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If the world is to stand any chance of avoiding a catastrophic increase in temperatures, the global economy has to move away–very quickly–from using fossil fuels, and especially coal, to generate electricity.

Both China and India pledged at the 2021 Glasow COP26 global climate summit to phase down the use of coal and to reduce carbon emissions from their industrial sector.

Pledges. Can’t eat ’em. Can’t use them to pay the bills. Turns out, you can’t even believe them.

Last year, China last year approved the largest expansion of coal-fired power plants since 2015, according to a new report from the Finland-based Center for Research on Energy and Clean Air and the Global Energy Monitor.

In 2022 authorities granted permits for 106 gigawatts of capacity across 82 locations, the highest number in seven years and four times higher than in 2021. Not all those projects will necessarily materialize. But local governments appear to be moving as quickly as possible, with 50 gigawatts of construction now underway. Already responsible for about half of the world’s coal production and consumption, the new facilities in China are equivalent to about six times the amount of total coal capacity added in the rest of the world.

And in India?

At the 2021 global climate forum in Glasgow, India publicly promised a “phase down” of coal. But that doesn’t actually mean that India will use less coal—-only that the country will gradually generate a smaller proportion of its overall energy with coal as the use of renewables increases. In absolute terms, India’s coal production and consumption will expand dramatically.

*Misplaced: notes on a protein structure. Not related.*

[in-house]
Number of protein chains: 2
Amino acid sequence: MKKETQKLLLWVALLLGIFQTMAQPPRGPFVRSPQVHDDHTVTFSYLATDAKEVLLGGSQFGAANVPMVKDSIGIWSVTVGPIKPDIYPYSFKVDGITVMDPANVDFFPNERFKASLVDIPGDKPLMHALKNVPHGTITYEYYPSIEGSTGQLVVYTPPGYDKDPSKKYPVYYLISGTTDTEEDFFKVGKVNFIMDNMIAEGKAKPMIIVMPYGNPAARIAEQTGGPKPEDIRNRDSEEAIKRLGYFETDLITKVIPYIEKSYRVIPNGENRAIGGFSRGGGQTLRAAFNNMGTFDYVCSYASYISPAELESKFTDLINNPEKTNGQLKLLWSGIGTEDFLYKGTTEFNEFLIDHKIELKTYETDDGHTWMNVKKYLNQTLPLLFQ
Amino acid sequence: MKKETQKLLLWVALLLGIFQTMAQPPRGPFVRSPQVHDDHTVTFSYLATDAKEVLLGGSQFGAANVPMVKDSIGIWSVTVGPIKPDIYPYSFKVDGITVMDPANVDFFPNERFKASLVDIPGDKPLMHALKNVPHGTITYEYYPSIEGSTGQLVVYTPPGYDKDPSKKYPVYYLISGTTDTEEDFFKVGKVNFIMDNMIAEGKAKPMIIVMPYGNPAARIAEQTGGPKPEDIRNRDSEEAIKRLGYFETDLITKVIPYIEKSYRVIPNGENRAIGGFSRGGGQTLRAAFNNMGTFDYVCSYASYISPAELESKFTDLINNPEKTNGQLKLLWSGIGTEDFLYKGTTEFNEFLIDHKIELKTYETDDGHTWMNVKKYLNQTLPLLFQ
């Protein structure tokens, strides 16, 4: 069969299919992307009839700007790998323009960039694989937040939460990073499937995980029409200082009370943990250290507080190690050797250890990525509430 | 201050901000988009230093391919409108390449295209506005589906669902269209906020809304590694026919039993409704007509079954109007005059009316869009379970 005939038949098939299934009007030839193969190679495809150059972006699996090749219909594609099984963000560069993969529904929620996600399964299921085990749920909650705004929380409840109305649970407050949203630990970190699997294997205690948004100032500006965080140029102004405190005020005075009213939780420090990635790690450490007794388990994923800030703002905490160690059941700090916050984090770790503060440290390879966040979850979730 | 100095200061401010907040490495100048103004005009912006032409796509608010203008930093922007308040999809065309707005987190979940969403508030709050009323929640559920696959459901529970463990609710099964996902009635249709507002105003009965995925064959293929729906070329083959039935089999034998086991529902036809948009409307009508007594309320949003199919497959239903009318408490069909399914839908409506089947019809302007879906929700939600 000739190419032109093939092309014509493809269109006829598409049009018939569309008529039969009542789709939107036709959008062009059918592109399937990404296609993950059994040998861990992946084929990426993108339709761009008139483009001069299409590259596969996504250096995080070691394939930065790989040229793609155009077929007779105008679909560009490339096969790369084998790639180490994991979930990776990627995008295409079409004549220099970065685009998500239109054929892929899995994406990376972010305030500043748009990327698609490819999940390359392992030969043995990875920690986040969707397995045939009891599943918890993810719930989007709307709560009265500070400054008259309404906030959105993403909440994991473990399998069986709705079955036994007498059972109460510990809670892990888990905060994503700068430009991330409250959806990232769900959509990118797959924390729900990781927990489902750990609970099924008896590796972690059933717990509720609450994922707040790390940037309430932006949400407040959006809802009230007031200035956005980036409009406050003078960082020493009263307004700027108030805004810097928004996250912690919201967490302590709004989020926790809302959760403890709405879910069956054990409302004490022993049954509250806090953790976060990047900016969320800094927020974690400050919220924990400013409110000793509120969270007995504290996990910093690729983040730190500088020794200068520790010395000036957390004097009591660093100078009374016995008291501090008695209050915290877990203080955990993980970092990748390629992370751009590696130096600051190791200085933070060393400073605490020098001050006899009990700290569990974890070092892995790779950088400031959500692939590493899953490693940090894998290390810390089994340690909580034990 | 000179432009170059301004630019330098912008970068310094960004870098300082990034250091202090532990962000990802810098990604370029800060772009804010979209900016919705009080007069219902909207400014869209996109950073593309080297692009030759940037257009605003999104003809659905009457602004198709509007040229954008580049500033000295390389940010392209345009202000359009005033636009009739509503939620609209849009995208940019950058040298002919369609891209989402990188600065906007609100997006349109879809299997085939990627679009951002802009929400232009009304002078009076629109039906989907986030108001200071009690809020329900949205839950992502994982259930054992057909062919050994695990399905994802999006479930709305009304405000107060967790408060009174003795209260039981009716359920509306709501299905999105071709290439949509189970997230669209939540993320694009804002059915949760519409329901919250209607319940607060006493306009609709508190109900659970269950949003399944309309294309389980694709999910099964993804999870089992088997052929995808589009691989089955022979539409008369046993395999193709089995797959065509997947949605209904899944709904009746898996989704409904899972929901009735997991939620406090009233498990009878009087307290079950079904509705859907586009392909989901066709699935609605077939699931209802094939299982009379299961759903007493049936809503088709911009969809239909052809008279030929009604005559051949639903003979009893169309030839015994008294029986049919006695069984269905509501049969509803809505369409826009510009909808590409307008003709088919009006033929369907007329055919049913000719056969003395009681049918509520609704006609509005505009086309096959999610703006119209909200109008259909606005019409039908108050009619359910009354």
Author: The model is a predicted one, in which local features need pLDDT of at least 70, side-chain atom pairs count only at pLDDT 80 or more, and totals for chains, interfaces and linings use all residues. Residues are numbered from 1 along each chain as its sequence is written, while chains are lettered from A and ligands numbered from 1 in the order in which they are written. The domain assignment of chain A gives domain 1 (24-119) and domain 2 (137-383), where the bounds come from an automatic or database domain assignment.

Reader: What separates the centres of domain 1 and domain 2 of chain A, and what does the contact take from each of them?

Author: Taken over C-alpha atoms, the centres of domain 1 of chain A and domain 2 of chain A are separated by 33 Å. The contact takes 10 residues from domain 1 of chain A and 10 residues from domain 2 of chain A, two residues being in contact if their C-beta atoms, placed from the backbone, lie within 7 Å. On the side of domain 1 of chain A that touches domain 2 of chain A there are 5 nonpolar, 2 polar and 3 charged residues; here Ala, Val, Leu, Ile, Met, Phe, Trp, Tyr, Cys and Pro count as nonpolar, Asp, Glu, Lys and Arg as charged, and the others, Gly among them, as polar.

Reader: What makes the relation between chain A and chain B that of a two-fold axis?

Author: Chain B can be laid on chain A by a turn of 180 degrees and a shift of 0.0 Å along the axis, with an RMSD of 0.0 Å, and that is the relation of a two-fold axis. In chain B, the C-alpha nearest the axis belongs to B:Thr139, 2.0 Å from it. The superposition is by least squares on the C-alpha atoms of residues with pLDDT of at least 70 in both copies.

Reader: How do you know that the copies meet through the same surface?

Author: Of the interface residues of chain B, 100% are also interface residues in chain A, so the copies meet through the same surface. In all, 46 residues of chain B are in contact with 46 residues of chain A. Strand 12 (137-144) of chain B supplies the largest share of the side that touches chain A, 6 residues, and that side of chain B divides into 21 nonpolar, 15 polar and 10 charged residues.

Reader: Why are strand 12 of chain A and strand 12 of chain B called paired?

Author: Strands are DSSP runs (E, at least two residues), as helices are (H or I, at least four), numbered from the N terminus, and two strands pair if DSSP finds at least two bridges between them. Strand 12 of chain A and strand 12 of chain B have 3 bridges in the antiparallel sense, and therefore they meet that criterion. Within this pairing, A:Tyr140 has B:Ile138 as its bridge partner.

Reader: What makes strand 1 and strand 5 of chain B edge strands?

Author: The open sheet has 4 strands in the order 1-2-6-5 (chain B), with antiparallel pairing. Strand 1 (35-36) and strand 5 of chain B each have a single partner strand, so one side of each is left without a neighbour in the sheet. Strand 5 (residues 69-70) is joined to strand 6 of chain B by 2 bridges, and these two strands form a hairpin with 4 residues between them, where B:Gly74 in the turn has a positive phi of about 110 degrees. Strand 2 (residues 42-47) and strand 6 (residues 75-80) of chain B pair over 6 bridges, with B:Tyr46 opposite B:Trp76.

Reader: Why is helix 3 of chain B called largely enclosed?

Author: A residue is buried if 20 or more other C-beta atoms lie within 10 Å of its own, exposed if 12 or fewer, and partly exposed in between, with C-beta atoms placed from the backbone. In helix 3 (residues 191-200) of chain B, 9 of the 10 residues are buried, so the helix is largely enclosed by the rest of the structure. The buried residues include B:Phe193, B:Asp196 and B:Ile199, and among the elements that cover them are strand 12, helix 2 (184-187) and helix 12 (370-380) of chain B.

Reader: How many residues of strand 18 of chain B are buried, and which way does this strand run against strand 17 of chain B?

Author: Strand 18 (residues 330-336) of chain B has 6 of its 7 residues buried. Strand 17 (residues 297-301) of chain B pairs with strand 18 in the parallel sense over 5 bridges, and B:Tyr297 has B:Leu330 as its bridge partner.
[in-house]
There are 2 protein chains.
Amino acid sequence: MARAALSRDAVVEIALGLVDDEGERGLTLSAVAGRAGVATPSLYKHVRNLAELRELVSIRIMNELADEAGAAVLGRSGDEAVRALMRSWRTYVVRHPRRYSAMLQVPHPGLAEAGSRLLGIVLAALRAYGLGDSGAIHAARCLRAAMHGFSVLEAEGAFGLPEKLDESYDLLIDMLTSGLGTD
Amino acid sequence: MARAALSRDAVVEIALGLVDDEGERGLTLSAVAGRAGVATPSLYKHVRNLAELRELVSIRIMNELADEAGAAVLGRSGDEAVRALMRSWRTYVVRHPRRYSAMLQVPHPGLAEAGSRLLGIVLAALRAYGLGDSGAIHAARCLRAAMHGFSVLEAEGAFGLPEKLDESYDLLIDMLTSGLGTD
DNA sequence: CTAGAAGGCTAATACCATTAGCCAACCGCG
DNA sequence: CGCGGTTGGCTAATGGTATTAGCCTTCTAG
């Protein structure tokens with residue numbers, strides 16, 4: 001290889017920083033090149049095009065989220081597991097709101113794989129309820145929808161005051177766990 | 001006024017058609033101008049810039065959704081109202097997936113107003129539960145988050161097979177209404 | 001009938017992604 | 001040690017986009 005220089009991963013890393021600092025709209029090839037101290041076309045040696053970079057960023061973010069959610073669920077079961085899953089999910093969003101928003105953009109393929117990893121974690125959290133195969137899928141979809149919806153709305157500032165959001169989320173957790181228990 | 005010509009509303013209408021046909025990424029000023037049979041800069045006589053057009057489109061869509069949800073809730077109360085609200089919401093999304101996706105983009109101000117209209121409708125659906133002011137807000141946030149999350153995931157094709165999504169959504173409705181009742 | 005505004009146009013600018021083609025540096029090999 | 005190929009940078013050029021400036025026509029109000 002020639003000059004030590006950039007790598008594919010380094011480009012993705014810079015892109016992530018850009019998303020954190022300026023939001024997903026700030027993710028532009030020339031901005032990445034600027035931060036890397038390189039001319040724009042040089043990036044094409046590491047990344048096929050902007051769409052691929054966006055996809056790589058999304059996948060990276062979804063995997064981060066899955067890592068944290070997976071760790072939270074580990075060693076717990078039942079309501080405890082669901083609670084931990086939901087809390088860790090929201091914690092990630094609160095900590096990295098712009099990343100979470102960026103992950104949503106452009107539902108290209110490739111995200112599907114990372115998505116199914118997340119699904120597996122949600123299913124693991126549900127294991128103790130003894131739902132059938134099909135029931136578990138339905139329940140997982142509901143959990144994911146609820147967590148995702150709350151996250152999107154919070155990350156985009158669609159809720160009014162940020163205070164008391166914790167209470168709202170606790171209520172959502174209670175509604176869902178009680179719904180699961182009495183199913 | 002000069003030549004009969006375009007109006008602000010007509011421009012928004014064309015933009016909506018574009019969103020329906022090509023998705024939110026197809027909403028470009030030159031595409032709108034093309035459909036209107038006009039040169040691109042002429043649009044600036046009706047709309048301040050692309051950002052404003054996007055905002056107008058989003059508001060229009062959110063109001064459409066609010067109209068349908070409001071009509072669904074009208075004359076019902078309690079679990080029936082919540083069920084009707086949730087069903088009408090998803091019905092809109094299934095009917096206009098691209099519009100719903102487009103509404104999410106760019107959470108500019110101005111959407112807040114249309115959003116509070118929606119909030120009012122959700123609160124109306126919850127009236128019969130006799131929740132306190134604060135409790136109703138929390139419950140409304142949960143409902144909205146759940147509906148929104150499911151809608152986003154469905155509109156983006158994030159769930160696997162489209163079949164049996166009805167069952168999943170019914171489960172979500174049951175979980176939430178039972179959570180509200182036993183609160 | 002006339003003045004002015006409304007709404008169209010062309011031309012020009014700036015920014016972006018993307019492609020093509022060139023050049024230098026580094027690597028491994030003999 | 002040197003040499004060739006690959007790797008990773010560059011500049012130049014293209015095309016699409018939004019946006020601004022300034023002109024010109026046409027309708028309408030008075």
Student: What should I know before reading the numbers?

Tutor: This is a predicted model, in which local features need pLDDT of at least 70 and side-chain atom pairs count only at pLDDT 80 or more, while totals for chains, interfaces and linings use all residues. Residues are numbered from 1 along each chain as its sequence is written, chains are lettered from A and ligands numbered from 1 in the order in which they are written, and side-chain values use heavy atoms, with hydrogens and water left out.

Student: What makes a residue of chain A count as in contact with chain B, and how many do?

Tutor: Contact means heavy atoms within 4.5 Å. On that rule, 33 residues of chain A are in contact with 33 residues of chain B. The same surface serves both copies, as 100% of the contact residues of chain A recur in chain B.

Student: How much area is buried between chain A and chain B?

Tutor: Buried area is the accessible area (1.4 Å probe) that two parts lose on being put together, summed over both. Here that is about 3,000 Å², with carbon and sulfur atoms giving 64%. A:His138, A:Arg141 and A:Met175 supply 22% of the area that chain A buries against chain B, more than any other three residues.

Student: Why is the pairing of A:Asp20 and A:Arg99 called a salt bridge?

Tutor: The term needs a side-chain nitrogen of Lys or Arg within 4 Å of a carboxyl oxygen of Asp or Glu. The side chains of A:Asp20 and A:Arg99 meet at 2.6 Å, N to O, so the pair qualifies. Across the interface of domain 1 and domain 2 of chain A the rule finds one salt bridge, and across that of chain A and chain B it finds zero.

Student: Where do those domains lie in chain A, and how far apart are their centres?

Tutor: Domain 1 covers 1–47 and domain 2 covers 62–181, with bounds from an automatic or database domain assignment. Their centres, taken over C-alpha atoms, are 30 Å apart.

The Indian government has set a target of producing 1 billion tons of coal in fiscal 2024, which ends in March 2024, up from 700 million tons produced so far in the current fiscal year ending next month. It is urging mining companies to excavate coal as quickly as possible because electricity demand is projected to soar. India is still connecting millions of remote homes to the power grid and, over the next two decades, expects to add as much new power generation as the amount now used by the entire European Union, according to the Paris-based International Energy Agency.

Time to admit that we’re not going to rein in carbon emissions by 2030 or 2035 or even 2050?